Healthy Gut, Healthy Calf, Productive Future

Michael Steele, PhD, studies dairy-calf development at the University of Guelph. ( University of Guelph )

In the first 2019 installment of the Dairy Cattle Welfare Council (DCWC) webinar series, dairy scientist Michael Steele, PhD, University of Guelph, outlined current research on calf nutrition, health and development.


Steele and his group focus on dairy calf nutrition during the pre- and post-weaning phase, particularly looking at how early nutritional factors contribute to long-term health and productivity. Research increasingly shows, he says, that dietary regimens for heifer calves influence their productivity well past their first lactation.


Pre-Weaning Management

Steele cited multiple studies on feeding heifer calves for accelerated growth during the pre-weaning phase. Most indicated significant positive benefits on lifetime performance. Some showed numeric, but not statistically significant advantages and a few showed no advantage, but none of the studies indicated any negative impacts.


Steele uses the term “nutritional programming” to describe calf-feeding strategies intended to influence lifetime productivity. He points out that dairies in North America average around 50% calf morbidity and 10% mortality, with a 19% failure of passive immunity contributing to the challenges. Research shows a clear association between antibiotic treatments in pre-weaned calves and lower lifetime milk production.


The weaning period, during which a calf’s digestive system morphs from a pre-ruminant stage to a true ruminant, is one of the most profound transition among all mammals. Steele also stresses the importance of early development of the large and small intestines, including establishment of a diversity of the gut microbiome, for long-term productivity.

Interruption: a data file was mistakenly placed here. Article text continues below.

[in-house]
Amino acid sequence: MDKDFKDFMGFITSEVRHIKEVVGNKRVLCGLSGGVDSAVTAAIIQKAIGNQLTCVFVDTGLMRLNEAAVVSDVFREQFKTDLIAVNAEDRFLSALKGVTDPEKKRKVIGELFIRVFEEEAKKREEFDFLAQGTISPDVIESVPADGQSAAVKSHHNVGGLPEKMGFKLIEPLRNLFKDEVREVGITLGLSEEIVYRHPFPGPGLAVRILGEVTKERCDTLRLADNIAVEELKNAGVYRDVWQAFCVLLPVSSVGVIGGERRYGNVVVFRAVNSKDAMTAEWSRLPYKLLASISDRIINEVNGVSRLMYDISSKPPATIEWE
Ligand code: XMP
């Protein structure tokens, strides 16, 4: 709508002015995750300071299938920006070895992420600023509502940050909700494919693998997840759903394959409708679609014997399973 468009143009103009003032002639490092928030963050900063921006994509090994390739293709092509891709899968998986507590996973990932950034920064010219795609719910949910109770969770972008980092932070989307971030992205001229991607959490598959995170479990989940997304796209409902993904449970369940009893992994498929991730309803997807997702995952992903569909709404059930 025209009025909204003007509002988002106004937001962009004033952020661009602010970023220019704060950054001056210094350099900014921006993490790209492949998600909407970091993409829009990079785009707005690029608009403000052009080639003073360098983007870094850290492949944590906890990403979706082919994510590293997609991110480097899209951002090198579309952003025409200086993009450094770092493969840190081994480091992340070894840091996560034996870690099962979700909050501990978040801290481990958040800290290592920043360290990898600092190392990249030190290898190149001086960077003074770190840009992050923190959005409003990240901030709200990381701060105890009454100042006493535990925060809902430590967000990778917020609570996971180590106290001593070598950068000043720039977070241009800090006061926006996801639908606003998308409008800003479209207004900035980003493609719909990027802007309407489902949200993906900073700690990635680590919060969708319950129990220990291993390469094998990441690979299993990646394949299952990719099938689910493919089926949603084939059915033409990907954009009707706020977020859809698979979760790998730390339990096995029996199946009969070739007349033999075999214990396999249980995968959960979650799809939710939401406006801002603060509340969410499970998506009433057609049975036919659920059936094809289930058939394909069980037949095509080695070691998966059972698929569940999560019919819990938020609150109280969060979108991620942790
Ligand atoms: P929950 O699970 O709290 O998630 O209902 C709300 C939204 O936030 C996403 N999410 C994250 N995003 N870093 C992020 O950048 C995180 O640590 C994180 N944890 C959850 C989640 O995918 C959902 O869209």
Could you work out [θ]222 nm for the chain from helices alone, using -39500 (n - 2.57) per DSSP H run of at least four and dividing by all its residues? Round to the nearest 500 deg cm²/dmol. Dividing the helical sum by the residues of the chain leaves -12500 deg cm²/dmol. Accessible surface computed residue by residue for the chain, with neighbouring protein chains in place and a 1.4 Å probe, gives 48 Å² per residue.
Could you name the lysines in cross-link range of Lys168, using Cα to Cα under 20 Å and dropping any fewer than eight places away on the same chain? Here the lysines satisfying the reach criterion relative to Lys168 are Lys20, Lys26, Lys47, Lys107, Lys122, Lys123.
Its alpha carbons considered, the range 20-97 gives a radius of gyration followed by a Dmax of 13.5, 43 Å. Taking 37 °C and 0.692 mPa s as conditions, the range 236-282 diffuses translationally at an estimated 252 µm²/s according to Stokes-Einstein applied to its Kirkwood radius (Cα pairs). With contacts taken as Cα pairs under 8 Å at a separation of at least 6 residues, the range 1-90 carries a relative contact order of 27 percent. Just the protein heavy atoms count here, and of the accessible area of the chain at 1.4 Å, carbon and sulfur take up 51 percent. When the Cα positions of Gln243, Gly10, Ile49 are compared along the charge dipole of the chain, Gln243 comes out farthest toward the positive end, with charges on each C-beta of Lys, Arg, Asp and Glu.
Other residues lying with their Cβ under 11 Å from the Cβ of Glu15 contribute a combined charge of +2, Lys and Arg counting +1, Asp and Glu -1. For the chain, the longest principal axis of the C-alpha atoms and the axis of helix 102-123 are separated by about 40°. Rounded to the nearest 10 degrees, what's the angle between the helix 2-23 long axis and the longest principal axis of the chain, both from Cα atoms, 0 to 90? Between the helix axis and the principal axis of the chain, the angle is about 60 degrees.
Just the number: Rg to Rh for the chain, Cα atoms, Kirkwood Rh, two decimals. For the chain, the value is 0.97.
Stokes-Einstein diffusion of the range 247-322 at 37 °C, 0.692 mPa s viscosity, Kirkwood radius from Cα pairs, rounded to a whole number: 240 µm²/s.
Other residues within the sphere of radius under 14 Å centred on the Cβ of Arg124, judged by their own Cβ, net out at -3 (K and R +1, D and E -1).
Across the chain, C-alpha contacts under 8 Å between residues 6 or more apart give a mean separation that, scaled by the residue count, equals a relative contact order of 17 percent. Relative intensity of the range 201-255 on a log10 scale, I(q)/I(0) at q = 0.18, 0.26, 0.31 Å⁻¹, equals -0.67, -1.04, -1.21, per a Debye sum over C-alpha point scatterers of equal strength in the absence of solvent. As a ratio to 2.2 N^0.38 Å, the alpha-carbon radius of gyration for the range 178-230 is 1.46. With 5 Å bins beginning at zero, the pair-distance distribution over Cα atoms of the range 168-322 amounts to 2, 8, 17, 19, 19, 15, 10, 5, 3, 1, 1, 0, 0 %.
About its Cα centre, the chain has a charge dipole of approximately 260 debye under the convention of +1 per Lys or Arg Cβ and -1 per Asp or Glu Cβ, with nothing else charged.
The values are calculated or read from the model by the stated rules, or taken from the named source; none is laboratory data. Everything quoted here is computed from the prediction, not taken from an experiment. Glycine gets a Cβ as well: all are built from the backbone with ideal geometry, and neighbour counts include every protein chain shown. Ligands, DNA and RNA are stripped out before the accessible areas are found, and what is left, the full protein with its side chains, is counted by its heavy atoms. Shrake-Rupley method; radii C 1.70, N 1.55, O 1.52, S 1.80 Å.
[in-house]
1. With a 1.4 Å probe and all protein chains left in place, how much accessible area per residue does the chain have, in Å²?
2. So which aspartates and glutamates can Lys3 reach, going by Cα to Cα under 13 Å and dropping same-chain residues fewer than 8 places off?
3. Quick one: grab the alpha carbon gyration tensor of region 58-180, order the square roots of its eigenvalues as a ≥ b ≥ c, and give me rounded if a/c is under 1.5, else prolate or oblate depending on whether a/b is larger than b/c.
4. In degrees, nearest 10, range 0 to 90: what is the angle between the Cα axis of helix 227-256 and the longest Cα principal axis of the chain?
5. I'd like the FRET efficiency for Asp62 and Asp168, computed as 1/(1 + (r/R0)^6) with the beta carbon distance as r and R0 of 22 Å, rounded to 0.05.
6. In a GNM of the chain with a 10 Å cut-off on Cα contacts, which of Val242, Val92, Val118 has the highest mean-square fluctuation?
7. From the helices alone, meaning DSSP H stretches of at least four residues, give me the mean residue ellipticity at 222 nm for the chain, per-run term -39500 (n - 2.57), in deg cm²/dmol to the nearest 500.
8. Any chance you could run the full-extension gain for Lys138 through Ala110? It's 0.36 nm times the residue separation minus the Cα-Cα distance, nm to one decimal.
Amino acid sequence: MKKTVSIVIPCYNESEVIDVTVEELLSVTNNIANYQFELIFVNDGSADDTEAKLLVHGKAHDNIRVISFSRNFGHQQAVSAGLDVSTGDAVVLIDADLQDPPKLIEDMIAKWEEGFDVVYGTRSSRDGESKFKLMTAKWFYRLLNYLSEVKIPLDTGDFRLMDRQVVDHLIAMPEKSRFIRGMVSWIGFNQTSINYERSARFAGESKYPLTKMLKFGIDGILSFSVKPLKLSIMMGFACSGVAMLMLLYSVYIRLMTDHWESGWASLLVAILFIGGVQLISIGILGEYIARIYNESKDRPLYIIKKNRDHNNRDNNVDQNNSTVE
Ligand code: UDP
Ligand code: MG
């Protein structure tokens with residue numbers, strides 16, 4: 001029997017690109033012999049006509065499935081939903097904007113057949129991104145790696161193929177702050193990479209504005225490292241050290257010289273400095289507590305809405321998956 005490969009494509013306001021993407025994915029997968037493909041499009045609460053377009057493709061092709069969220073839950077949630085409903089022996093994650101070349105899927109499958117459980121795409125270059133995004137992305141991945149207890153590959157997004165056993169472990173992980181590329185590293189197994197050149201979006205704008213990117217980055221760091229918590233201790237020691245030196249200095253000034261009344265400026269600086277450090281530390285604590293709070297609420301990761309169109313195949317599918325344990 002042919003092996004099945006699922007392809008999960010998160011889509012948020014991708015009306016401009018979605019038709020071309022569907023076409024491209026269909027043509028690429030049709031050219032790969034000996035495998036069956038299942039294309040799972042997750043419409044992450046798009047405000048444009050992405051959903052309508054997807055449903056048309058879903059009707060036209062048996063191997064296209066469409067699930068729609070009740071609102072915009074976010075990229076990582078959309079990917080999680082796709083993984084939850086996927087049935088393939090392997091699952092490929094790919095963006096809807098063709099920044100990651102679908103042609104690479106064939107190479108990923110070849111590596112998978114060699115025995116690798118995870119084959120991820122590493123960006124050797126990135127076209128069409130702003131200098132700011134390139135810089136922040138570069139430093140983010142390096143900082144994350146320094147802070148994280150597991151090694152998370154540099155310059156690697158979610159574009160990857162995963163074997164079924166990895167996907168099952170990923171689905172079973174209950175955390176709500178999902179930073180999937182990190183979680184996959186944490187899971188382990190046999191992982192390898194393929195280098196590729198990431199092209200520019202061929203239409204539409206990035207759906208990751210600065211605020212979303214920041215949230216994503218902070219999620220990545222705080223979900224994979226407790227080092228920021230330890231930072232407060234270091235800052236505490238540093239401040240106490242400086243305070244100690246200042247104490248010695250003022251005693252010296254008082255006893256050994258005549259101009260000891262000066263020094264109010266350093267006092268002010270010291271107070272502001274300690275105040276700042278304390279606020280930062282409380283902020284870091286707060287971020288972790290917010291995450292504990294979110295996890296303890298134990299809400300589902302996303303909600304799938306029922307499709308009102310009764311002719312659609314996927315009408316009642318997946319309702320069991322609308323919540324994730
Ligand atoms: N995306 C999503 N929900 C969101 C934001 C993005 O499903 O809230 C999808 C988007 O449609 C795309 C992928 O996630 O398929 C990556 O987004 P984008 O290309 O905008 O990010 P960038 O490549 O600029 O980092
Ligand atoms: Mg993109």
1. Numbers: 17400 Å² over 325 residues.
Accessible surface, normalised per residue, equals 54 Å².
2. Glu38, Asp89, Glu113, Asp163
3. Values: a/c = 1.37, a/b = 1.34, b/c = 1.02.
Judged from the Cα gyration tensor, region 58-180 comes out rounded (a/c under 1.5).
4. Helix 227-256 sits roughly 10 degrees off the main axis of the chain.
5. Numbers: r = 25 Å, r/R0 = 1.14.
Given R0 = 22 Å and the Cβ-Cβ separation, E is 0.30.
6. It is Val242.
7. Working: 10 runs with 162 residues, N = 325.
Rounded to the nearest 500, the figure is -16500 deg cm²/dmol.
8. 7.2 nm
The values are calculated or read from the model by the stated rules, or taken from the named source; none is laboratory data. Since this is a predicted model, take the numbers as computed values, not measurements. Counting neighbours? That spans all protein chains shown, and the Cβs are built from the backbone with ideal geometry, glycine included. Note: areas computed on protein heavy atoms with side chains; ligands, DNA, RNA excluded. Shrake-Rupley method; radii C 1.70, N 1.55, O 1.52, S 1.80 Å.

As for tube versus bottle for initial colostrum feeding, Steele says his research has shown that tube feeding delivers more colostrum to the rumen, while bottle feeding delivers more to the abomasum. But in tests feeding three liters of colostrum during the first hour, researchers found no difference in absorption rates. Either method is fine, he says, as long as the calf receives adequate colostrum soon after birth.


Steele and his team have conducted experiments comparing feeding colostrum at hour zero, hour six and hour 12 post-partem. They have found that delaying colostrum feeding results in slower, less efficient passive transfer and delayed establishment of beneficial bacteria in the intestine, leading to a higher rate of calfhood diarrhea.


Studies also have shown that pasteurized colostrum can offer benefits in addition to sanitation. In tests comparing heat-treated colostrum with fresh, the pasteurized product provided more absorption of immunoglobulins at six hours post-feeding compared with fresh. Also, pasteurizing heat converts colostrum proteins and lipids into higher concentrations of oligosaccharide in colostrum, which acts as a prebiotic to encourage beneficial bacteria colonization in the calf’s gut.


Dairies also might benefit by fine-tuning the way they manage the calf’s transition from colostrum to milk. While the first milking after parturition contains the highest concentration of bioactive colostrum components, the second, third and even fourth milking supply significant amounts of immunoglobulin along with higher energy compared with milk from later milkings. Left to nurse naturally, the calf receives these colostrum components over several feedings.